Ex-railway deputy chief pleads guilty
Updated: 2013-09-05 07:42
By Cao Yin (China Daily)
Su Shunhu helped companies solve problems in exchange for bribes
A former senior railway official who was charged with taking bribes of more than 24 million yuan ($3.9 million) pleaded guilty in court on Wednesday.
Su Shunhu, former deputy chief of the transport bureau under the then-ministry of railways - now China Railway Corp - stood trial at Beijing No 2 Intermediate People's Court. The sentence was not announced on Wednesday.
Su is the highest-level former railway official to stand trial since former minister of railways Liu Zhijun was convicted of corruption.
Liu, 60, received a suspended death sentence in July for accepting 64.6 million yuan in bribes and abuse of power.
Su's trial was scheduled to start at 10:30 am on Wednesday and was postponed to 1:45 pm because the car escorting him was caught in traffic in the morning.
In the courtroom, prosecutors accused Su of taking a huge amount in bribes from three companies from 2003 to 2011. In return, Su helped them resolve their railway transportation issues.
The largest sum Su took was 12.12 million yuan from Duan Li, a head of a Beijing company, after Su helped Duan solve commodity transportation problems.
Du sent the bribes in jewelry, gold bars and cash, the prosecutors said.
In court, Su admitted taking bribes and said he will not appeal to a higher court.
He wept while talking about his family's poverty during his childhood and his parents' poor health during the trial.
Su, born in 1954, worked for more than 20 years in the railway industry.
At the end of the trial, he said he felt sorry for his family and deeply regretted his behavior.
Zheng Fucheng, Su's lawyer from You Yin Law Firm in Beijing, said his client's attitude was positive and most of his bribes were returned.
Another former senior railway official will also stand trial soon.
Zhang Shuguang, former director of the bureau and the ministry's one-time deputy chief engineer, stands accused of accepting bribes of 47.55 million yuan, according to prosecutors in Beijing.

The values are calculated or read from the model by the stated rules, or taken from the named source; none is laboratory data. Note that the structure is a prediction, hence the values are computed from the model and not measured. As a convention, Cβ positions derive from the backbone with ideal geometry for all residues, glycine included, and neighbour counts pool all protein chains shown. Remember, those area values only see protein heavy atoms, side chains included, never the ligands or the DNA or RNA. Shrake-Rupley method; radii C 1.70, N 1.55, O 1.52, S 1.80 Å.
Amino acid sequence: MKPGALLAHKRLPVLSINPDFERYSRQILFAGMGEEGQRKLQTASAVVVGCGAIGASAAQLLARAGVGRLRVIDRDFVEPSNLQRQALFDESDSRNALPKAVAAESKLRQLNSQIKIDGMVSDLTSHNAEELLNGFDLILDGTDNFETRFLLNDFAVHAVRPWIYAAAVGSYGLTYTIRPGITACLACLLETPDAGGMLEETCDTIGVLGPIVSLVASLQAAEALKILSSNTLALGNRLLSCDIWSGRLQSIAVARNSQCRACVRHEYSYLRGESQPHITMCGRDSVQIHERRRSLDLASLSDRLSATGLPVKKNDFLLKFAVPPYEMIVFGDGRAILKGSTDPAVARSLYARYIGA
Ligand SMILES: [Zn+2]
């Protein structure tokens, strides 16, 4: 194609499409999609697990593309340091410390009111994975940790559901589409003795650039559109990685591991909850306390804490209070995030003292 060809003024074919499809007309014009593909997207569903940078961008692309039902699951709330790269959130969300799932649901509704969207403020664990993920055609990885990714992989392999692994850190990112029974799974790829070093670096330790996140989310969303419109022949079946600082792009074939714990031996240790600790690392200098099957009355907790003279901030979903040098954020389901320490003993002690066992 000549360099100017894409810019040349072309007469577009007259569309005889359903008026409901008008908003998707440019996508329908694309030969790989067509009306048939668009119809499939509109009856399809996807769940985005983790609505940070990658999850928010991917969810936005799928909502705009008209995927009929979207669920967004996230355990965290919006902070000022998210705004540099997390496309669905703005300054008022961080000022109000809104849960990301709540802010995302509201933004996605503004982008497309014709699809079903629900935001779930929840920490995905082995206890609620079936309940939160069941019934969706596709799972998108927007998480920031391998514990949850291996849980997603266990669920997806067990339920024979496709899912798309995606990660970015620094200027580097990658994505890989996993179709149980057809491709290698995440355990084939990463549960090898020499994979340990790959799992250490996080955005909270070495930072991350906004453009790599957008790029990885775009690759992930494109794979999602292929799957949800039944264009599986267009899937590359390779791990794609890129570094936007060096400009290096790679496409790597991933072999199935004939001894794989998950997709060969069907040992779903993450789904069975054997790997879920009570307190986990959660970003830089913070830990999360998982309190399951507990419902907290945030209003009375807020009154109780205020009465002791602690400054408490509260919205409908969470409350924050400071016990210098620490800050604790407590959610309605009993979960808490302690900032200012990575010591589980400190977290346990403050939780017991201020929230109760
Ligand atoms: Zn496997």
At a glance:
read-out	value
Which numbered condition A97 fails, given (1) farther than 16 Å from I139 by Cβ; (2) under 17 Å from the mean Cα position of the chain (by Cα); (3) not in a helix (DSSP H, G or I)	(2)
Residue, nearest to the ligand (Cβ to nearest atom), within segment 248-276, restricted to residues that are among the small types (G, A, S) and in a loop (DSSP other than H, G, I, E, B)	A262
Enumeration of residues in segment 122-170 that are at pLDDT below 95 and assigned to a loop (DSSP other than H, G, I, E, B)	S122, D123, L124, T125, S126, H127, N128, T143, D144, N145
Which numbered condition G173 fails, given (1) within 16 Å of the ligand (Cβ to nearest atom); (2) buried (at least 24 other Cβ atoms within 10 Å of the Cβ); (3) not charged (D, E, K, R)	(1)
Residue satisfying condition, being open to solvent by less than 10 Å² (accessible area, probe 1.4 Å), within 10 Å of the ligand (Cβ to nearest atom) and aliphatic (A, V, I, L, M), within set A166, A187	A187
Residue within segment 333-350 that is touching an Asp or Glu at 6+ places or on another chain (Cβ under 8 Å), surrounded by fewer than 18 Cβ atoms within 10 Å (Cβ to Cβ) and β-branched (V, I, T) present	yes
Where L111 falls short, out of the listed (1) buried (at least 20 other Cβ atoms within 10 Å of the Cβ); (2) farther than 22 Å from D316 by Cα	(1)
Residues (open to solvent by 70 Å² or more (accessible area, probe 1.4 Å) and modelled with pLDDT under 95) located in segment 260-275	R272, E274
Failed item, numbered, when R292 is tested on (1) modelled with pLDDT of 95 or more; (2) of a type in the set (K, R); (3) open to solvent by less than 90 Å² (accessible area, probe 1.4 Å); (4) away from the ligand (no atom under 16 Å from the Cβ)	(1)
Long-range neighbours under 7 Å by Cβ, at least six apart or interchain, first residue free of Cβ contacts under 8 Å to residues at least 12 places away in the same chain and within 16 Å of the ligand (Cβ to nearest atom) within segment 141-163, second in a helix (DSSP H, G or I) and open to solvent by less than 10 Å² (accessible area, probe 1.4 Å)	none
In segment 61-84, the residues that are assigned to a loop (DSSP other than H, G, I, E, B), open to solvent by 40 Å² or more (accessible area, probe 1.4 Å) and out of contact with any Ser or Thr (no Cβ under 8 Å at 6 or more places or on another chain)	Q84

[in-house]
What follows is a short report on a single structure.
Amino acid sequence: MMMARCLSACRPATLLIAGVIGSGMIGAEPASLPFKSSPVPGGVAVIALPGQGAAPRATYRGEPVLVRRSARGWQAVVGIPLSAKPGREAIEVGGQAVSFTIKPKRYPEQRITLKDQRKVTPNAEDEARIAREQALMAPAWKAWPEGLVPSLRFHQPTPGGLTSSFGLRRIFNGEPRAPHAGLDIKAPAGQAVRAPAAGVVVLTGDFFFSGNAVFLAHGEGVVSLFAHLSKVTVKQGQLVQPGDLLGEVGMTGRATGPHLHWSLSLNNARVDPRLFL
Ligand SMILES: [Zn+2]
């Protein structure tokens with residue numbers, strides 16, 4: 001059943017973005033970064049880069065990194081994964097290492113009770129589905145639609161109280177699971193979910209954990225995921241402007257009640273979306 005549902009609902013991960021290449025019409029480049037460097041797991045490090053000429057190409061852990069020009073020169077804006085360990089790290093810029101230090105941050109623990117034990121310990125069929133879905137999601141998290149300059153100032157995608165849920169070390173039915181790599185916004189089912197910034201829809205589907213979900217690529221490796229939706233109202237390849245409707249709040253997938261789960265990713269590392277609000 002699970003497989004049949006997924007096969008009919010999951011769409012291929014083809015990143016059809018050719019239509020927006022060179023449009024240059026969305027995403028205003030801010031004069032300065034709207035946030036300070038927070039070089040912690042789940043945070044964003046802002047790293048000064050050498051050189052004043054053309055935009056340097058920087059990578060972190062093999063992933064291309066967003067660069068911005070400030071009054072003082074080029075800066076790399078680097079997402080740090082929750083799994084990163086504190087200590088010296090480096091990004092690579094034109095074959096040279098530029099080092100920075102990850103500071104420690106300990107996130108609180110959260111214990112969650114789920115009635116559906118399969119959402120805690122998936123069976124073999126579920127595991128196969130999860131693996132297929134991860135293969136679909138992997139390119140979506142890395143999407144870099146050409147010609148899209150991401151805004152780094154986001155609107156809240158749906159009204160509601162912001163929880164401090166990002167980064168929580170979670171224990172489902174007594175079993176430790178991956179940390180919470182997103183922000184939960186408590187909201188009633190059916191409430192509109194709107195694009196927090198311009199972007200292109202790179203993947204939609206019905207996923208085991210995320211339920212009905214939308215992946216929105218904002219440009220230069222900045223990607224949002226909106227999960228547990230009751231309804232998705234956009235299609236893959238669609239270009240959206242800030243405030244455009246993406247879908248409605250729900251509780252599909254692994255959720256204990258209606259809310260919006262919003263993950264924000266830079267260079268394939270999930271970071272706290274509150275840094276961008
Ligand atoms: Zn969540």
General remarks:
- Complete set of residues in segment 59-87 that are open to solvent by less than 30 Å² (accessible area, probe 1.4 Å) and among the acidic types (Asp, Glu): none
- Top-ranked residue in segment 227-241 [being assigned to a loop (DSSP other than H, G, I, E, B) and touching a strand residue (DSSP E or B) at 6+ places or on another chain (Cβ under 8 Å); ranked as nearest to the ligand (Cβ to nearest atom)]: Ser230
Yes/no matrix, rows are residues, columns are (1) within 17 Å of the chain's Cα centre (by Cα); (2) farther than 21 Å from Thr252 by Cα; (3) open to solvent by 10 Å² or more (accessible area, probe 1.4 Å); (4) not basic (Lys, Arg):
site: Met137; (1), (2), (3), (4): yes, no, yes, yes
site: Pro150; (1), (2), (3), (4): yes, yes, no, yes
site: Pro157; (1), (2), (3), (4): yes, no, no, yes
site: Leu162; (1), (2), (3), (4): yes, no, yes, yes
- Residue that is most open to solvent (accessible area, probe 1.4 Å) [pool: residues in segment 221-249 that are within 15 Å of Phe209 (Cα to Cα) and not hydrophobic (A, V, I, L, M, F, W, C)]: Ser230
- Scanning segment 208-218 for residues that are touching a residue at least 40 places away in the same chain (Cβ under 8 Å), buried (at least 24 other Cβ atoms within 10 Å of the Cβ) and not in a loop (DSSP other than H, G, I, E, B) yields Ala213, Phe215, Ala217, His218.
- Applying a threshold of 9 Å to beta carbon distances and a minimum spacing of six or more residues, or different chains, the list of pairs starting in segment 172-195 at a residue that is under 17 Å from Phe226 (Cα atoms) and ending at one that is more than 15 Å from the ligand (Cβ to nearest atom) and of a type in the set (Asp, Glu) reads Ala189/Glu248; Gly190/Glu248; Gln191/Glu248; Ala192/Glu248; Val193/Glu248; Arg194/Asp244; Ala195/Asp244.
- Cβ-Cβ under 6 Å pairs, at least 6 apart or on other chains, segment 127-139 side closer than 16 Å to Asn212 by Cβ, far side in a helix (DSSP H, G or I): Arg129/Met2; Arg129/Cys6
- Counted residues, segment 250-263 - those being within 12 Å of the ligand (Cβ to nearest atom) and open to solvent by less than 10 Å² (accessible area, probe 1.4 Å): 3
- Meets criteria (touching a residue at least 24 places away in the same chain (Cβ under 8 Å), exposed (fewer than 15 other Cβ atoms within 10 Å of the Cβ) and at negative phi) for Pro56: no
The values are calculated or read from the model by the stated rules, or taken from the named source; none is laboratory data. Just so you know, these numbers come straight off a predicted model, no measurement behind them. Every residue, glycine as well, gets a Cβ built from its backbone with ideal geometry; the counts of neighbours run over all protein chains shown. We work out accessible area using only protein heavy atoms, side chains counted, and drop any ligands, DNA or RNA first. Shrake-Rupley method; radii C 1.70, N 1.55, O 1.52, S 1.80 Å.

The successive corruption trials of former senior railway officials highlights the necessity of the anti-graft fight in the railway system, experts said.
Zhao Jian, a professor at Beijing Jiaotong University who specializes in railways, said the reform of the then-ministry of railways, which started in March, will help reduce corruption in the system.
In the past, the powerful transport bureau was engaged in many sectors, such as railway construction, the ministry's purchases and project bids. "Many companies and departments had to contact the bureau if they wanted to enter the market, which might breed graft," Zhao said.
Now the power of the bureau has been decentralized, he added.
Ren Jianming, director of the Clean Governance Research and Education Center at Beihang University in Beijing, said the trials of the former railway officials can be taken as a warning to current railways staff.
But these cases also show that the anti-graft mechanism within the railway system is fragile, he said.
"After all, the reformed corporation is a State-owned enterprise. How to avoid new corruption is a problem, especially after a series of officials at SOEs have been put under investigation for corruption," Ren said.
If the railway reform stalls, "I'm pessimistic about its future development and its anti-graft work," he added.
Prosecutors investigated 141 crimes related to railway transportation staff from January to June, and the figure was 4.4 percent higher than that of the same period in 2012, according to the Supreme People's Procuratorate.
(China Daily USA 09/05/2013 page5)